Modelling Climate Changes with Stationary Models: Is It Possible or Is It a Paradox?
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Climate is changing; many studies of time series confirm this sentence, but this does not imply that the past is no more representative of the future, and then that ‘‘stationarity is dead’’.
In fact, “stationarity” and “change” are not mutually exclusive. As examples: (1) according to Newton’s first law, without an external force, the position of a body in motion changes in time but the velocity is unchanged; (2) according to Newton’s second law, a constant force implies a constant acceleration and a changing velocity.
Consequently, “non-stationarity” is not synonymous with change; change is a general notion applicable everywhere, including the real (material) world, while stationarity and non-stationarity only regard the adopted models. Thus, stationary models can be also adopted for environmental changes.
With this aim, in this work Authors show some numerical experiments concerning rainfall processes. In detail, a Neymann Scott Rectangular Pulse model (NRSP), with some changing temporal scenarios for its parameters, is adopted, and the derived Annual Maximum Rainfall (AMR) time series are investigated for several temporal resolutions (sub-hourly and hourly scales). The goal is to analyze if there are some particular scales in which the assumed temporal changes in parameters could be “hidden” when AMR series (which are nowadays more available and longer than high-resolution continuous time series for many sites in the world) are studied, and then stationary models for Extreme Value distributions could be adopted.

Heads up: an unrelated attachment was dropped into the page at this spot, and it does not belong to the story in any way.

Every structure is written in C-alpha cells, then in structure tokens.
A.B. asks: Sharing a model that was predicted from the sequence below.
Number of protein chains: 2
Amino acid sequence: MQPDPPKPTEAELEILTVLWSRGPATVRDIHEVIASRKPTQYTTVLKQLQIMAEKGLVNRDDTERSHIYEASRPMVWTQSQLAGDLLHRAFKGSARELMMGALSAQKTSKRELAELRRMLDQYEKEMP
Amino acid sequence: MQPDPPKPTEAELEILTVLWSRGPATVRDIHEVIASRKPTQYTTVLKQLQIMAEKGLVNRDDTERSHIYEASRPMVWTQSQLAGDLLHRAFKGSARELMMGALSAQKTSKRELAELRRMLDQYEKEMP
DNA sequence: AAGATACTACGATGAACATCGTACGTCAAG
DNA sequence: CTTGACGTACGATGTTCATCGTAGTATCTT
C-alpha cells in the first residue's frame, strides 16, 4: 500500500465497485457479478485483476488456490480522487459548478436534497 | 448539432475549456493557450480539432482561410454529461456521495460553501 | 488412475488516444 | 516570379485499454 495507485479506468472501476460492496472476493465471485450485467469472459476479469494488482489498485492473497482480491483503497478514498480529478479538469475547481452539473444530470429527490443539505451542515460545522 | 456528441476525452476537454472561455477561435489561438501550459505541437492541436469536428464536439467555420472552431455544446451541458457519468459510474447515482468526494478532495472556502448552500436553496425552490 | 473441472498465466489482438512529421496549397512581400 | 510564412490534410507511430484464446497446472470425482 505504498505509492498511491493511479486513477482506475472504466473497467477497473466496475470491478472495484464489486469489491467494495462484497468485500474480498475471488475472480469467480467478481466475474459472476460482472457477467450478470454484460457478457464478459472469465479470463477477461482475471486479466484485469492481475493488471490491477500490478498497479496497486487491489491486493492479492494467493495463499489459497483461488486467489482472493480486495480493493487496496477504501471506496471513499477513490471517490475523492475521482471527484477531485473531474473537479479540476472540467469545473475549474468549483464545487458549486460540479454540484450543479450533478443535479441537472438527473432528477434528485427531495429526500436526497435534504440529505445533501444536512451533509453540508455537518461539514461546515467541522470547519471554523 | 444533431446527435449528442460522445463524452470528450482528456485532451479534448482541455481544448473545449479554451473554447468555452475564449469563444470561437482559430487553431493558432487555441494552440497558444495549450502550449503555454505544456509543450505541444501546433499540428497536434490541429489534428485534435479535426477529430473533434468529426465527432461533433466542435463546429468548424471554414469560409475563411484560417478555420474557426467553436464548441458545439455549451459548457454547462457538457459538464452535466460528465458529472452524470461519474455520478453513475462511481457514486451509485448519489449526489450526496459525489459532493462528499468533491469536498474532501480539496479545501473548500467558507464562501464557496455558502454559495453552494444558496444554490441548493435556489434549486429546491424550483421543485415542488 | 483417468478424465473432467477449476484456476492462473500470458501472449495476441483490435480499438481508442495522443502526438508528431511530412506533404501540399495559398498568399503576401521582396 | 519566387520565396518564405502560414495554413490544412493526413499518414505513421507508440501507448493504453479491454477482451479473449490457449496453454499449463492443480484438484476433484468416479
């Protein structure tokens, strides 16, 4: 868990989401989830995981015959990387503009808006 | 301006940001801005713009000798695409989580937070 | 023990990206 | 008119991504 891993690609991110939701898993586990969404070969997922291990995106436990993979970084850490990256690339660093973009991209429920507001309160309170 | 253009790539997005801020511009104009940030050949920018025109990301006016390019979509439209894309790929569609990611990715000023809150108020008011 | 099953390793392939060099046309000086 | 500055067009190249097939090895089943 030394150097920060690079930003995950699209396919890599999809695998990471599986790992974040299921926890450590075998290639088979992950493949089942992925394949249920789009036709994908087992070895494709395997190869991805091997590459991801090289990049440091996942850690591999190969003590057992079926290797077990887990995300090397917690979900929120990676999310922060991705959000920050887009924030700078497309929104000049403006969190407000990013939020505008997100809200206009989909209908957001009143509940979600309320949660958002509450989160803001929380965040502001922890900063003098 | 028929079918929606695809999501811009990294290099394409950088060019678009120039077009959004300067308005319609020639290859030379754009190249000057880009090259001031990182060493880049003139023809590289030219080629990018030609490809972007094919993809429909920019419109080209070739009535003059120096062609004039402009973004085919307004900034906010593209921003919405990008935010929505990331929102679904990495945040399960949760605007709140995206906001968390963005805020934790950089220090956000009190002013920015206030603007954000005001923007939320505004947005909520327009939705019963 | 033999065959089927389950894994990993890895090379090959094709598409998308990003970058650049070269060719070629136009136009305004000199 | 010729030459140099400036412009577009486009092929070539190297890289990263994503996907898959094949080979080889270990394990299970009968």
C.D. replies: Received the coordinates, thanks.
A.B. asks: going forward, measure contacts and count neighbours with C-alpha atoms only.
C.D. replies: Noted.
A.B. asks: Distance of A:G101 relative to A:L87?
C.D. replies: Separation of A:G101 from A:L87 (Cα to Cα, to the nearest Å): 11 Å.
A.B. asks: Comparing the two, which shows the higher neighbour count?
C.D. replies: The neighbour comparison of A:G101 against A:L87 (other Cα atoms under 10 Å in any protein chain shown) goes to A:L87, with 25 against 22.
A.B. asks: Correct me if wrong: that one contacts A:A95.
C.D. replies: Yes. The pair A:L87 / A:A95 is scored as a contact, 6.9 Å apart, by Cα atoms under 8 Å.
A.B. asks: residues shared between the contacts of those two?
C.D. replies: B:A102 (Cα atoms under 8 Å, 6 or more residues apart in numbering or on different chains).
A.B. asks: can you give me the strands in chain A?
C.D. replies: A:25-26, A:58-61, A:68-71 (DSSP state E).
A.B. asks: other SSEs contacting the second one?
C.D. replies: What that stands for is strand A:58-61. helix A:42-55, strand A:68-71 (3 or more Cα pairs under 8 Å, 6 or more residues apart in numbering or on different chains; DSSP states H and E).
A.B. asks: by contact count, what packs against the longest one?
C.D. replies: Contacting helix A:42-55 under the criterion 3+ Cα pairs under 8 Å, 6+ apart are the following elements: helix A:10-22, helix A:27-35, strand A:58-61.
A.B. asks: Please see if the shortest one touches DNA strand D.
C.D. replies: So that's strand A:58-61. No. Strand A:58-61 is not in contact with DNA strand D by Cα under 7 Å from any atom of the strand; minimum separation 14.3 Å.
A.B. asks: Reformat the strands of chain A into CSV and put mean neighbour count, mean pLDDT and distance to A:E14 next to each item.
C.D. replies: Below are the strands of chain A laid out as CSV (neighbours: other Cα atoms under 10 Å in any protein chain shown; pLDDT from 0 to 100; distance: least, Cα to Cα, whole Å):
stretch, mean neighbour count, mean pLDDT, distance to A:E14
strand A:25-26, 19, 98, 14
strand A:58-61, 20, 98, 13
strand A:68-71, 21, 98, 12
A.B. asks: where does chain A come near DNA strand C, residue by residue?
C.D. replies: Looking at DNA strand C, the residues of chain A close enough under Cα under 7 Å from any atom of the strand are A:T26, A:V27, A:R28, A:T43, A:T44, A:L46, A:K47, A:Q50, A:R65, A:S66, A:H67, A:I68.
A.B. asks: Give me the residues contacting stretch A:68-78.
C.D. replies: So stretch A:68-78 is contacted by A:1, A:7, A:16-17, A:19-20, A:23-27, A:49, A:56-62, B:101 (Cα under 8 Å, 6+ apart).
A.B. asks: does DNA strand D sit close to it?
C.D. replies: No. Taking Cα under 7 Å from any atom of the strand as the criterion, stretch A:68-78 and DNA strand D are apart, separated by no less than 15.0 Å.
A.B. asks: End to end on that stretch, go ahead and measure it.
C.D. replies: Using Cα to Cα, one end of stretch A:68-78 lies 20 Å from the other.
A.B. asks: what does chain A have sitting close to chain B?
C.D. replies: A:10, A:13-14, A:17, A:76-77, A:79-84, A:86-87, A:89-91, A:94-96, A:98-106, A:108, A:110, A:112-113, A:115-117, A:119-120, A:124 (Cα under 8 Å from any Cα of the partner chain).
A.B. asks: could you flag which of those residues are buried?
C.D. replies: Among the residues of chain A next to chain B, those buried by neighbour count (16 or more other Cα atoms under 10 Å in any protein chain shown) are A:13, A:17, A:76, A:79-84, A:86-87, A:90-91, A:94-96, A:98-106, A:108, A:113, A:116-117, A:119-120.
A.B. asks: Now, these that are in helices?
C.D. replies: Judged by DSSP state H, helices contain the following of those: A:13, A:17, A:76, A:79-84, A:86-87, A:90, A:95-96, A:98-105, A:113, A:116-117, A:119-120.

The results confirm what is obtained from analysis of AMR series in some parts of Italy, for which it is not essential to remove the hypothesis of stationary parameters: significant trends could not appear only from the observed AMR data, as a relevant rate of outlier events also occurred in the central part of the last century.
KeywordsRainfall processes Climate changes Stationary models
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